Not only is Forsythia tough and beautiful, it will grow 2 to 4 feet a year, so it quickly makes a hedge or fills in the background for your slower growing plants. It will grow in all types of soil, in city conditions and is free of pests and diseases. It is seldom badly damaged by deer, who may take a nibble or two, but Forsythia is so fast growing that the damage will not even be noticed. It will grow in heavy clay soils, and even live under Black Walnut trees, which kill so many other plants around them.
Forsythia grows into a rounded shrub with many branches, eventually reaching 6 to 9 feet tall and the same size across; so it is a great shrub for background planting where it will fill space and look terrific in bloom. The leaves are dark-green, smooth and about 3 inches long. The flowers are bright yellow with broad petals and are almost 2 inches long. They cover the bare branches in very early spring or late winter, as soon as the weather starts to become a little warmer and before almost anything else is blooming in your garden.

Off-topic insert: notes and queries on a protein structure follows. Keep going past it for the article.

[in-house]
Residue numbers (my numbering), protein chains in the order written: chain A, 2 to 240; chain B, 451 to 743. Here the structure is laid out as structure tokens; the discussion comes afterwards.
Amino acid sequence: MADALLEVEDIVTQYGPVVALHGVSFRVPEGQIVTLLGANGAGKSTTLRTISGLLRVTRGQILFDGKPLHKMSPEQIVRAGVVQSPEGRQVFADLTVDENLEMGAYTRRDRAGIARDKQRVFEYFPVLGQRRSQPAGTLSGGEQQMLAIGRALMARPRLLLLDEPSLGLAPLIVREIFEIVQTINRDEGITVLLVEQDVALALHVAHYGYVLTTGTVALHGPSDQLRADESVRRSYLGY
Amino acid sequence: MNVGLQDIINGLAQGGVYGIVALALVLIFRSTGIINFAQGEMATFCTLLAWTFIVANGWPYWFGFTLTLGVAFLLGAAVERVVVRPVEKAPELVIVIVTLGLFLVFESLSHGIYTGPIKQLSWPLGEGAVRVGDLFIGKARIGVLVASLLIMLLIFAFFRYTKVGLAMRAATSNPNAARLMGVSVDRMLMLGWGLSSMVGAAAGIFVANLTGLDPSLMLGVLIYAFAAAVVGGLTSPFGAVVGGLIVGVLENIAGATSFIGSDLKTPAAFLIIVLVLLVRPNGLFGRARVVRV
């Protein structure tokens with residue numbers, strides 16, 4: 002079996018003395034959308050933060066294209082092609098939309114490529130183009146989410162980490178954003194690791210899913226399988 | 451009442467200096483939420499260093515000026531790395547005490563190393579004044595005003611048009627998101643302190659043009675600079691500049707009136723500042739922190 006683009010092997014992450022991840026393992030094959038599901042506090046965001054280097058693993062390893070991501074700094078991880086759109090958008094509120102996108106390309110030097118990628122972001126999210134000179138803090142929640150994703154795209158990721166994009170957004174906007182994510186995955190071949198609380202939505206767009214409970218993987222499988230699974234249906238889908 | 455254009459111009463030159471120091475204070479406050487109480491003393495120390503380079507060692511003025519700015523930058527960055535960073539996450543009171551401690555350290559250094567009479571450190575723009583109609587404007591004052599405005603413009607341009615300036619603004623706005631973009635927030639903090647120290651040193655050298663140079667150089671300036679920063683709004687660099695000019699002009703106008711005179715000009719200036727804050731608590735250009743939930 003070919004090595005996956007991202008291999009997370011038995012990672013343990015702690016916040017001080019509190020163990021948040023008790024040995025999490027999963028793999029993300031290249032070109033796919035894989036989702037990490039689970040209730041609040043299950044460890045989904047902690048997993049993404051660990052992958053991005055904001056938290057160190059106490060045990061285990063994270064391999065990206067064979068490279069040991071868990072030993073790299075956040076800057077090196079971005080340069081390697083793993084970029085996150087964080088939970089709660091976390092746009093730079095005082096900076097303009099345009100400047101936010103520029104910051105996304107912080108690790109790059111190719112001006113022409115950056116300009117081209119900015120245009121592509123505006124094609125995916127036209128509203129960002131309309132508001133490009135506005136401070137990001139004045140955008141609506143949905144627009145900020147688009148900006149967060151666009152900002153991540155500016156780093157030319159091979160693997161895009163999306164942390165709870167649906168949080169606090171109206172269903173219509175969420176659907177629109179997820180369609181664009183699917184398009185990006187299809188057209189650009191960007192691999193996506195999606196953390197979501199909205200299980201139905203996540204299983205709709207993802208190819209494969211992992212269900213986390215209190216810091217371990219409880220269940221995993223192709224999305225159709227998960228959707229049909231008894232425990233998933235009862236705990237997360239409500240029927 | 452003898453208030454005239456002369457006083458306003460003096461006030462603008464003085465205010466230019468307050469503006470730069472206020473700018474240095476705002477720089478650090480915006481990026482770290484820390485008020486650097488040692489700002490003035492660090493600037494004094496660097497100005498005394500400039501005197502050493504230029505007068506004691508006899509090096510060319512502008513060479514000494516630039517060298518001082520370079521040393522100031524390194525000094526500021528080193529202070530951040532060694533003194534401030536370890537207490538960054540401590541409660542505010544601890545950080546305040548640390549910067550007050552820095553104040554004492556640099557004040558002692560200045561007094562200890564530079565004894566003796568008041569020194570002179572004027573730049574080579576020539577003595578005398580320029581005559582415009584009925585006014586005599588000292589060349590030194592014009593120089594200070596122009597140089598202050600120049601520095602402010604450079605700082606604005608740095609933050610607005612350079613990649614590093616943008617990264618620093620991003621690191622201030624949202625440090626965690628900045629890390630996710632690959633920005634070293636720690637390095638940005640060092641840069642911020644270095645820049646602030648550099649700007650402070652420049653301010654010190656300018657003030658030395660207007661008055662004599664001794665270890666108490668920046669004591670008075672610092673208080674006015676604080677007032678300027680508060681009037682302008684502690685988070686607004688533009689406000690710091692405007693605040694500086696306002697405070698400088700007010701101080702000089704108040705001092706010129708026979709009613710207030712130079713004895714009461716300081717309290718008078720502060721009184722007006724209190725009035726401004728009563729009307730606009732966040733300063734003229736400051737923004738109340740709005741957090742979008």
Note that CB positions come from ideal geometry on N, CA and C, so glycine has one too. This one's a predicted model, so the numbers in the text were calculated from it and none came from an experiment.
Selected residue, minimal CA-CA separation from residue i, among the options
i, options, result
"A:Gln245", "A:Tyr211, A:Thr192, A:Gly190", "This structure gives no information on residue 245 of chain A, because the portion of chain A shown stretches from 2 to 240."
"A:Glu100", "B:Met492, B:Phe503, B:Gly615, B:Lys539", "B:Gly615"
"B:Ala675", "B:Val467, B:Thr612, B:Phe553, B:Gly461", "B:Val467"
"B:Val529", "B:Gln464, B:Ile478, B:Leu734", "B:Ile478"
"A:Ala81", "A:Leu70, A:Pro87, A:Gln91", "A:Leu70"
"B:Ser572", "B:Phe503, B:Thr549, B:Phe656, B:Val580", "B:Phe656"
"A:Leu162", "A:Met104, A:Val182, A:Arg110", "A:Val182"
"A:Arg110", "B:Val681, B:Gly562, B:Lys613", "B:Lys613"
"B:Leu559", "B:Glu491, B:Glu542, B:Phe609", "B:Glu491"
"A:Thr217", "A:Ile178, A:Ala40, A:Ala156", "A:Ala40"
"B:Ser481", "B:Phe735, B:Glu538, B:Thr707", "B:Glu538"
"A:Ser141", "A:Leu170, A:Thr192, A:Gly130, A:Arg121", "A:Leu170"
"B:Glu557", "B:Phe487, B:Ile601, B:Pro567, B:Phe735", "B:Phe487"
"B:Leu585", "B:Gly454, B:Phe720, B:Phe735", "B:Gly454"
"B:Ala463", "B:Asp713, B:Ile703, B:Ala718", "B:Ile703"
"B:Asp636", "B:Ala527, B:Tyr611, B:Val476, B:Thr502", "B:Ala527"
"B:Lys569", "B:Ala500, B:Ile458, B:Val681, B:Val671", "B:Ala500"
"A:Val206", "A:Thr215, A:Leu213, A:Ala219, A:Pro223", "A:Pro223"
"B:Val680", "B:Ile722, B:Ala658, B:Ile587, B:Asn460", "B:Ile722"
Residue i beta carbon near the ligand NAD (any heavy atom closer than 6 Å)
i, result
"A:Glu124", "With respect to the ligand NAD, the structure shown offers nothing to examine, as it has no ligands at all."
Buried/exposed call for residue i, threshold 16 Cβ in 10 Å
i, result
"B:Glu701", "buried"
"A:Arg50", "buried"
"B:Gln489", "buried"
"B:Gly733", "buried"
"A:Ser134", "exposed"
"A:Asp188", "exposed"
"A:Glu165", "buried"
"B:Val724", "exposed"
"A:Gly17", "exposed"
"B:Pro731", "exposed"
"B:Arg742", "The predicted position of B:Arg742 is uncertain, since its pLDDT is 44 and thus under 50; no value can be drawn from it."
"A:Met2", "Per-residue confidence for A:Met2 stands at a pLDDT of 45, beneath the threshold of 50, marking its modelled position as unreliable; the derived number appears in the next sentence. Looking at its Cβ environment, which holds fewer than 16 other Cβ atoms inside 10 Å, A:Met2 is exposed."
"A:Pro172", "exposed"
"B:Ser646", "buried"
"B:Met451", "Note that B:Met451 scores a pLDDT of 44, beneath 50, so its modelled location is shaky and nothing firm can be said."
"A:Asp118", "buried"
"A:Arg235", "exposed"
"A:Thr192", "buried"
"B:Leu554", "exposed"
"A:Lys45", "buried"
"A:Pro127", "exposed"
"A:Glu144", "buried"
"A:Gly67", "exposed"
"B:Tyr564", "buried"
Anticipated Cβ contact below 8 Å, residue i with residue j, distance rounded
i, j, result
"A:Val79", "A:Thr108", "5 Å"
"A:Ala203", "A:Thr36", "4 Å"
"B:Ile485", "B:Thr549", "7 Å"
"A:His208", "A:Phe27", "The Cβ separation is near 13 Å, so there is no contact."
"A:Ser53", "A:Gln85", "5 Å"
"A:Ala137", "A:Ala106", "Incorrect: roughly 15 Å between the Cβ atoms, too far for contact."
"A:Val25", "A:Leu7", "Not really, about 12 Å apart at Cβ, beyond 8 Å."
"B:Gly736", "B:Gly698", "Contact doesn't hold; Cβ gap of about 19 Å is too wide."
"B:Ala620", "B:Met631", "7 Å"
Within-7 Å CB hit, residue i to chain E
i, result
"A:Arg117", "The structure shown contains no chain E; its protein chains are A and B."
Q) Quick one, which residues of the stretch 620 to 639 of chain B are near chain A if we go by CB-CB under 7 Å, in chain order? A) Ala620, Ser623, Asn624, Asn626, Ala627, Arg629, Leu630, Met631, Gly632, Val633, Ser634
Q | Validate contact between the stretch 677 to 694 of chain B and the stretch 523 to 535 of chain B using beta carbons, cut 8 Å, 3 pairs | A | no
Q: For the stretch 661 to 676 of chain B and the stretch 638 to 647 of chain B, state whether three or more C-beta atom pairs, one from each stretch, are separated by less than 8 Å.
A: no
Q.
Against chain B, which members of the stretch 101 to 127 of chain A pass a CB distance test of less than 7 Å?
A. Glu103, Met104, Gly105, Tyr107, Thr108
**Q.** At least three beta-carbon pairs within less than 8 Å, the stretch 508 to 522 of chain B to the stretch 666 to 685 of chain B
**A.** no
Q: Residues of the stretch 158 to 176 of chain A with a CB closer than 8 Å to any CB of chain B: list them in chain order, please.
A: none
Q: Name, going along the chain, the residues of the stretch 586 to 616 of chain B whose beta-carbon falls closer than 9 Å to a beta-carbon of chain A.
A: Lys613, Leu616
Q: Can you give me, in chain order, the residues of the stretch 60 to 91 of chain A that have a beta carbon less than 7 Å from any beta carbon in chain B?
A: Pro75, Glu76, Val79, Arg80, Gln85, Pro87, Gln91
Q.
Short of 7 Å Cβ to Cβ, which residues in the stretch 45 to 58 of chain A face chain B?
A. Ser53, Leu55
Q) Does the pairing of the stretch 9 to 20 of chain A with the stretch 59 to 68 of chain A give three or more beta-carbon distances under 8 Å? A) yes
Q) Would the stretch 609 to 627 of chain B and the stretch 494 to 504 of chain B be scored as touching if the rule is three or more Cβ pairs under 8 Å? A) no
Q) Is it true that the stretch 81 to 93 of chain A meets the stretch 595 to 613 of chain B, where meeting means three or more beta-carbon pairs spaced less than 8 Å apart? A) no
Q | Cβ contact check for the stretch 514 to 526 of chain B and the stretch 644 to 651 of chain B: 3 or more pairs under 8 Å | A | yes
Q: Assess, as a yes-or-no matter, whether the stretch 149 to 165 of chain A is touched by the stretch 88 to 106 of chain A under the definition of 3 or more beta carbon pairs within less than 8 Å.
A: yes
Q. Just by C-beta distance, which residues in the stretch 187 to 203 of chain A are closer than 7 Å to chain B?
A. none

Although Forsythia grows to around 9 feet in height, it can easily be kept shorter by clipping, so it makes a beautiful hedge. Unlike many plants turned into a hedge, which produce few flowers because of the regular clipping, Forsythia actually flowers even more if it is clipped and your hedge will be a blaze of yellow every spring.